President Biden this week accomplished what America elected him to do — govern from the center and make deals that solve problems. Progressive Democrats don’t seem to like that cooperative spirit, which is a big reason their candidates keep failing to become president.
“The agreement represents a compromise, which means not everyone gets what they want. That’s the responsibility of governing,” Biden said last weekend in announcing the deal to raise the debt ceiling. It’s a defining Biden line.
The president’s congenital centrism is easy to criticize, especially in this era of hard, polarizing views. He’s a conciliator, a dealmaker who likes to say yes and has trouble saying no. He’s also risk-averse, and he avoids escalation when facing potential catastrophe, whether it’s war with Russia or a budget default.
But Biden’s critics miss the glaringly obvious fact that he is behaving precisely as he said he would. His inaugural address was a pledge to restore normal order. “I know speaking of unity can sound to some like a foolish fantasy,” he said, but still, “we can join forces, stop the shouting, and lower the temperature.”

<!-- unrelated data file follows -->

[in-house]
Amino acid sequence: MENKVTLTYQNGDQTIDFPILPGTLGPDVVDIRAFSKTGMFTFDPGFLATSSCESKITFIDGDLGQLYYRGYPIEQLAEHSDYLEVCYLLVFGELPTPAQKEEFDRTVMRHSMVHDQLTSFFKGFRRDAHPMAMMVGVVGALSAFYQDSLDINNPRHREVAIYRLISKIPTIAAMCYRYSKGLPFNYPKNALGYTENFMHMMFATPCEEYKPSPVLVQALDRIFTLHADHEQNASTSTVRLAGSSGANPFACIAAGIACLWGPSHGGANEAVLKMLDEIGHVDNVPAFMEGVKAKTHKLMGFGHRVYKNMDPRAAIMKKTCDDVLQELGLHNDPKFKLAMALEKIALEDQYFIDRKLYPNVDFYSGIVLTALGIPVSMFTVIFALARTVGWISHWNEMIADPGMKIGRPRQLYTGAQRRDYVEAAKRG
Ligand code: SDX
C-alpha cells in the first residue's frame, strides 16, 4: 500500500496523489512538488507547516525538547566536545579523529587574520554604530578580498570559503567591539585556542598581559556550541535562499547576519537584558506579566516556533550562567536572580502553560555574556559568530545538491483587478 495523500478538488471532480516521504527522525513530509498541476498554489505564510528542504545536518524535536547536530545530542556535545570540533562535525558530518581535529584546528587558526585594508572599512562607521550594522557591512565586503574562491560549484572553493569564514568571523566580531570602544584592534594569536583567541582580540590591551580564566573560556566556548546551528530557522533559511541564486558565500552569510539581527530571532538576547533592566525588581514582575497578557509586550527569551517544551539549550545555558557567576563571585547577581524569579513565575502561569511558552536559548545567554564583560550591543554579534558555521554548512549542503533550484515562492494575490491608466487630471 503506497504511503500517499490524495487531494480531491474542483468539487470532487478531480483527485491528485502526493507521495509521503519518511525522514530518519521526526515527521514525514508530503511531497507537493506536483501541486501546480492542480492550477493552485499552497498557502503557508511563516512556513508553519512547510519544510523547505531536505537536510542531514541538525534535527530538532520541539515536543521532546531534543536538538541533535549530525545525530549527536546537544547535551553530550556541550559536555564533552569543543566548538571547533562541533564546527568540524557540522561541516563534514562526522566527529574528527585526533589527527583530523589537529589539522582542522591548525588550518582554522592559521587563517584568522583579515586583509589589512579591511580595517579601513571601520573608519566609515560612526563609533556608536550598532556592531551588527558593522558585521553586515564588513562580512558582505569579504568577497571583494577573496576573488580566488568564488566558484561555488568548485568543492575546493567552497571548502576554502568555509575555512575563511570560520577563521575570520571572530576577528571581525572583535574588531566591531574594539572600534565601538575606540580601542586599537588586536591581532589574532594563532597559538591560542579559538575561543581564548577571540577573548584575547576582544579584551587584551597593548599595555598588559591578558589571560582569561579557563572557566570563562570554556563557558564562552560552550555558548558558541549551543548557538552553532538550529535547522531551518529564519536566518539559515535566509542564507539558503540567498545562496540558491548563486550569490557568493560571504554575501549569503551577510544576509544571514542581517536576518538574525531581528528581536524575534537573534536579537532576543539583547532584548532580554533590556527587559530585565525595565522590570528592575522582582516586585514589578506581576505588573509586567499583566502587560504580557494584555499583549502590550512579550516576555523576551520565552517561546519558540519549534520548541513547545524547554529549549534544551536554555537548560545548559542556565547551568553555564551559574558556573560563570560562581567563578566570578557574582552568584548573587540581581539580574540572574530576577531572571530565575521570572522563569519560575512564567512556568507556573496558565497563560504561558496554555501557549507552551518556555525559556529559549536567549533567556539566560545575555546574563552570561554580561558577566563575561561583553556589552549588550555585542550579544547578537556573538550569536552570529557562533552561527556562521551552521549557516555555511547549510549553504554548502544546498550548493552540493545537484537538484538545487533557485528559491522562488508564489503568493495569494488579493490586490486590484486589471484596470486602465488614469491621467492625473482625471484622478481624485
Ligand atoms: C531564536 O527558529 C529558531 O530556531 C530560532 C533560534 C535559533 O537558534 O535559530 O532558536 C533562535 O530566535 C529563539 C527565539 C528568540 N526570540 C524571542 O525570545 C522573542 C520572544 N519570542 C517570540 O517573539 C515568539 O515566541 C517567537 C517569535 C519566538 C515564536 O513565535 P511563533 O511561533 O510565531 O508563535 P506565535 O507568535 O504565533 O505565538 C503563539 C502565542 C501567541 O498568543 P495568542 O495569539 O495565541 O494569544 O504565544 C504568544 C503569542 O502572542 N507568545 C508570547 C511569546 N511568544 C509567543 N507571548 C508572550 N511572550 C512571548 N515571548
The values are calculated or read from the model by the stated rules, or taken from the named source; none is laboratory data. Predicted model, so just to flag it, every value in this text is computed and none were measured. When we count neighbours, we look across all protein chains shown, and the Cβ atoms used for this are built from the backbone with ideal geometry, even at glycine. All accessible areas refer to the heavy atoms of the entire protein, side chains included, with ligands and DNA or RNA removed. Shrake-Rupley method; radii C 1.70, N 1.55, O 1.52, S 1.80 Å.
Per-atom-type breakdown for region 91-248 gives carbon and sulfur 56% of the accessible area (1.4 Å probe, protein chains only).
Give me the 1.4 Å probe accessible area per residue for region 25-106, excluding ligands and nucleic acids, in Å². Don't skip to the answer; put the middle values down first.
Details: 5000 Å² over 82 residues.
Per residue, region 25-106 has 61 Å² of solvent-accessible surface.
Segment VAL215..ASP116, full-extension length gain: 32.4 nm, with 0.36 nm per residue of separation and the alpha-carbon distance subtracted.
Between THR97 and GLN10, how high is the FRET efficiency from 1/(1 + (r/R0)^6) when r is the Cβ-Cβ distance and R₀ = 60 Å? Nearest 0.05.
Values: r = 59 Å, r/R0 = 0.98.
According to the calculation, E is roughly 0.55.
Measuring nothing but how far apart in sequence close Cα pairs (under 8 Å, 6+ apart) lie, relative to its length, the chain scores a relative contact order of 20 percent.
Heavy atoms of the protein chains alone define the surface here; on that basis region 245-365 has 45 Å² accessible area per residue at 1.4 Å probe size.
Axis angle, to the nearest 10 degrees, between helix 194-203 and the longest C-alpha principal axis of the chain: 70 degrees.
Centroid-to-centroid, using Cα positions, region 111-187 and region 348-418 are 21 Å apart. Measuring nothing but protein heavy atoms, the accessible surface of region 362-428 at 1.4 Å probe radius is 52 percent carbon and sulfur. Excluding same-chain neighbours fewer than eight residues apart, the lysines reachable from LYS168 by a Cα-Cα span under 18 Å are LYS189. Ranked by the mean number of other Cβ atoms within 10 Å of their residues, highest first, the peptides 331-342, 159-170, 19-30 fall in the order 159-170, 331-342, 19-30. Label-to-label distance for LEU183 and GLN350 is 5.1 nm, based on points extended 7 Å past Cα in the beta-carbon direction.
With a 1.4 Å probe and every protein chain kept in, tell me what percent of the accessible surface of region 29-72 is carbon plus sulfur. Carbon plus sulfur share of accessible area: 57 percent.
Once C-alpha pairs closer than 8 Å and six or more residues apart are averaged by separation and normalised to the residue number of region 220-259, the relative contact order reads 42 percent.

Join forces with Republicans? Was Biden nuts? Yet gradually over the past two years, dodging brickbats from the left wing of his party, he has done it. First with a bipartisan infrastructure bill, then with a modest gun-control measure, then with the bipartisan Chips Act, and finally with the budget agreement. As Biden said on Wednesday, when the House passed the deal (it still must be approved by the Senate), “I have been clear that the only path forward is a bipartisan compromise that can earn the support of both parties.” [Continue reading…]